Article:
Summary: Eulogy for a Christian woman

I want to thank Rhonda and Chris for the opportunity to remember and celebrate the life of Nan. It was a year and a half ago that we gathered for Eugene’s funeral and home going and now to be able to do the same for Nan is an honor. Like for so many, Nan had her difficulties late in life. She suffered from dementia, losing her short term memory. She dealt with the frustration of a loss of independence and she missed Eugene greatly. But now to celebrate her life and her long awaited reunion with Eugene is a joy and an honor, even in the midst of grief and loss. I think we can say with her: “It’s a beautiful day the Lord has made!”

One of the blessings of Eugene’s life was Nann. Eugene met Nan’s sister Bobbie Bailey at church, and formally introduced himself. Bobbie was not interested but Eugene asked if she had a sister and she said that Nan worked at a store called, “My Shoppe.” He went there with a letter of introduction. Eugene had already made his list of what he wanted in a life partner and he spent his courtship time wooing Nan. She fell in love after she realized he was genuine. Eventually, Nan brought home her foreign boyfriend who grew to love the farm and Nan's large family of siblings. Eugene and Nann were married in Mississippi in 1953 and later moved to Chalmette. They eventually moved to Gretna where they lived for over 40 years. Their favorite Scripture for their marriage was Genesis 2:24, “Therefore a man leaves his father and mother, and cleaves to his wife, and they become one flesh.” They celebrated 60 years of marriage before Eugene’s death, a feat by anyone’s account. They had an enviable and dynamic partnership of communication and collaboration. They were best friends and partners. They never said a single bad word to each other. They kept disagreements between themselves. Nann was Eugene’s world and Eugene’s was Nan’s world. She was his princess. You never saw them share affection publicly but they had precious love which lasted a lifetime and was evident just by looking at them in the presence of one another. Nan was devoted to caring for Eugene and their children.

Nan was a life long learner always reading the paper and keeping up on politics and world events. She loved gardening, baking cookies and pies, and family celebrations. She was quite an athlete in her day and later in life loved listening and watching LSU football, pro football, and college basketball. I would be remiss if I didn't also mention her love of Pete Maravich. She loved great fashion and colorful styles and encouraged her daughters in this as well. Her life though simple was filled with wonderful small things that helped change people's lives or make it easier for them- praying for others, donating to missions, giving groceries to the needy, and making sacrifices great and small to send her daughters to college and even paying for Eugene’s younger brother. She never took people in the service industry for granted and thanked them for what they did. She was a proud and dedicated American and viewed voting at elections a privilege and a duty since she realized how many lives had been sacrificed on freedom and democracy.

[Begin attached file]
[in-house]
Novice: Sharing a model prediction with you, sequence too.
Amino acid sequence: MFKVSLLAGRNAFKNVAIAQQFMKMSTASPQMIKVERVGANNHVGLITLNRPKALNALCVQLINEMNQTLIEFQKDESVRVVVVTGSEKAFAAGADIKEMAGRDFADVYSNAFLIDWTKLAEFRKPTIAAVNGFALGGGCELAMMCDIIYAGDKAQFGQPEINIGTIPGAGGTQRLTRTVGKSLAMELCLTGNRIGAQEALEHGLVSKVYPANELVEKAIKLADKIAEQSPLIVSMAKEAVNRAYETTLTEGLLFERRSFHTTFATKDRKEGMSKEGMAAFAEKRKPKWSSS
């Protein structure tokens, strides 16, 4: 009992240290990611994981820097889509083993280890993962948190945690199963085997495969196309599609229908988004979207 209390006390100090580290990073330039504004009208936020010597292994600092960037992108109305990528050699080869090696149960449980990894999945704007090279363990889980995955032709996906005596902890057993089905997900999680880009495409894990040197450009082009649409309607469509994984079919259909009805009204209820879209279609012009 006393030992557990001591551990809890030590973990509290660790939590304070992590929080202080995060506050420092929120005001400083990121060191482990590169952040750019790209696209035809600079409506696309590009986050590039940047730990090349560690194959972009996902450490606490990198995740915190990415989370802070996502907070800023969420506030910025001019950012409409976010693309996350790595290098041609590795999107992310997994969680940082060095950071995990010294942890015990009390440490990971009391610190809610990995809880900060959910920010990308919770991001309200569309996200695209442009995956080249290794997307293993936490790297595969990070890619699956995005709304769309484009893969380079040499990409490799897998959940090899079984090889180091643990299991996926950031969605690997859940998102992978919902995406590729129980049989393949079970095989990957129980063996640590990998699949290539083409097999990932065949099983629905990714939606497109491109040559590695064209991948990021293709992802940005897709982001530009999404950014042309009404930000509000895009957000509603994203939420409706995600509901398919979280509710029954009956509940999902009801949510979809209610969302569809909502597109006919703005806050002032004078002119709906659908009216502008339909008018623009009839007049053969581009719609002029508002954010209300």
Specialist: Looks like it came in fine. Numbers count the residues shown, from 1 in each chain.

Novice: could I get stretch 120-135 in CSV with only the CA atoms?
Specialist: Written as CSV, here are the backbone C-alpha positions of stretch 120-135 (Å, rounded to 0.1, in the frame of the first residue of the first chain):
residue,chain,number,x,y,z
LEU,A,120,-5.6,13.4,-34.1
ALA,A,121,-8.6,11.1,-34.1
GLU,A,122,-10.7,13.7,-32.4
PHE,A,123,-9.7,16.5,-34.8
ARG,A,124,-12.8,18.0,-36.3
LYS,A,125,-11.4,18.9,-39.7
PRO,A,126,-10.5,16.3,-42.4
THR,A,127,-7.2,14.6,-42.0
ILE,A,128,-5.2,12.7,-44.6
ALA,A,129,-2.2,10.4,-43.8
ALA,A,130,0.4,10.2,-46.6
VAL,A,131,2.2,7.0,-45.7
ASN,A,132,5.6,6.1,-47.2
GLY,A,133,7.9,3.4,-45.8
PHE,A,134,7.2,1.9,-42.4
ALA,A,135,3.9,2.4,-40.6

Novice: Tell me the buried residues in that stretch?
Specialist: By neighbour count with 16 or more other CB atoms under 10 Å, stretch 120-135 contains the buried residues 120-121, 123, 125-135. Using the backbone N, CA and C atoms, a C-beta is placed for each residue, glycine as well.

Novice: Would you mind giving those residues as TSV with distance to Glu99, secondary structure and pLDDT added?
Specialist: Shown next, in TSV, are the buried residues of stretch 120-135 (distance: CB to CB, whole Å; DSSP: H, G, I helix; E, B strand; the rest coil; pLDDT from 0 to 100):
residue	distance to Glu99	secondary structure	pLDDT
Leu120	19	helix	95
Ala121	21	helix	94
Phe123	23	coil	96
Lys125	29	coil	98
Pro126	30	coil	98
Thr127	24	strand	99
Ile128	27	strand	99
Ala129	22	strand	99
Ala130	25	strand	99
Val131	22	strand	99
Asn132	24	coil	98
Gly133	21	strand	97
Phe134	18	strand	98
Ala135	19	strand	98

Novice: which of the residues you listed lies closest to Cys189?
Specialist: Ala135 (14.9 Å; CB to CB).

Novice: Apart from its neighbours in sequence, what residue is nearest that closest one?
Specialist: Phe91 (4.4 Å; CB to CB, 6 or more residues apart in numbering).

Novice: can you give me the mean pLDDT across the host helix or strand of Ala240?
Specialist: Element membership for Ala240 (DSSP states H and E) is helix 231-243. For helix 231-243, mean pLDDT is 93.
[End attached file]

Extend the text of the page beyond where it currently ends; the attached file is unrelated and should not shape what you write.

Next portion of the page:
Nan’s life was filled with surprises and adventure. Born into rural farm life in the hills of Mississippi, she was blessed with ordinary and unusual living. She survived a sickly childhood having a country doctor tell Nan’s mom not to bring her back because she’d never see her 7th birthday. She grew to be strong and able for the U.S. Army, where she served from January 1949 to September 1952, ending her career as a corporal. Her duties included food supervision and marching in special parade details. While stationed in Yokohama, Japan, she worked in intelligence statistical collection of military gains/losses during the Korean War. She received the Korean Medal of Honor and United Nations Service Medal. She never thought she’d live long, be in the Army, end up on a ship headed for Japan, marry an Indonesian man, live in the New Orleans area because she’d heard it was sin city, or even travel to Europe to spend time with Eugene’s family. Taken together, all of these things would make for an amazing life but these weren’t the most important things in Nan’s life not did they define her. But she ended up having an extraordinary life because of two things.

First, Nan was a dedicated, caring and loving mother and wife. She lived her life by example. She taught Chris and Rhonda that they were precious children of God. She lived by the Golden Rule, despised gossip and negativity, and believed it was important to always say, " I love you." She provided examples of self confidence and free thinking, and instilled a strong sense of right and wrong. She was a free spirit and continually pushed Rhonda and Chris to go outside their comfort zones through their clothing and by visiting museums and exhibits. Sports were always an important part of Nan’s life and they became important to her daughters as well. She taught them to play basketball and took them to their basketball, softball and volleyball games. She them drove them to the pool almost every day in the summer. She made time to get them to church activities like youth group and choir. She sewed for them, even though she didn’t like to sew. She never missed a school conference or event. She cooked dinner every night, and was involved in every aspect of their lives, bonding with her girls, teaching them by example and sharing experiences and making memories which would last a lifetime, like working in garden with flowers, making cookies, or watching old movies with all three of them laying on a small “loveseat” sofa (changing positions when one of them lost circulation or had a leg cramp, going through a box of Kleenex, crying together for every sad moment or broken heart, or laughing until they cried at every funny moment.

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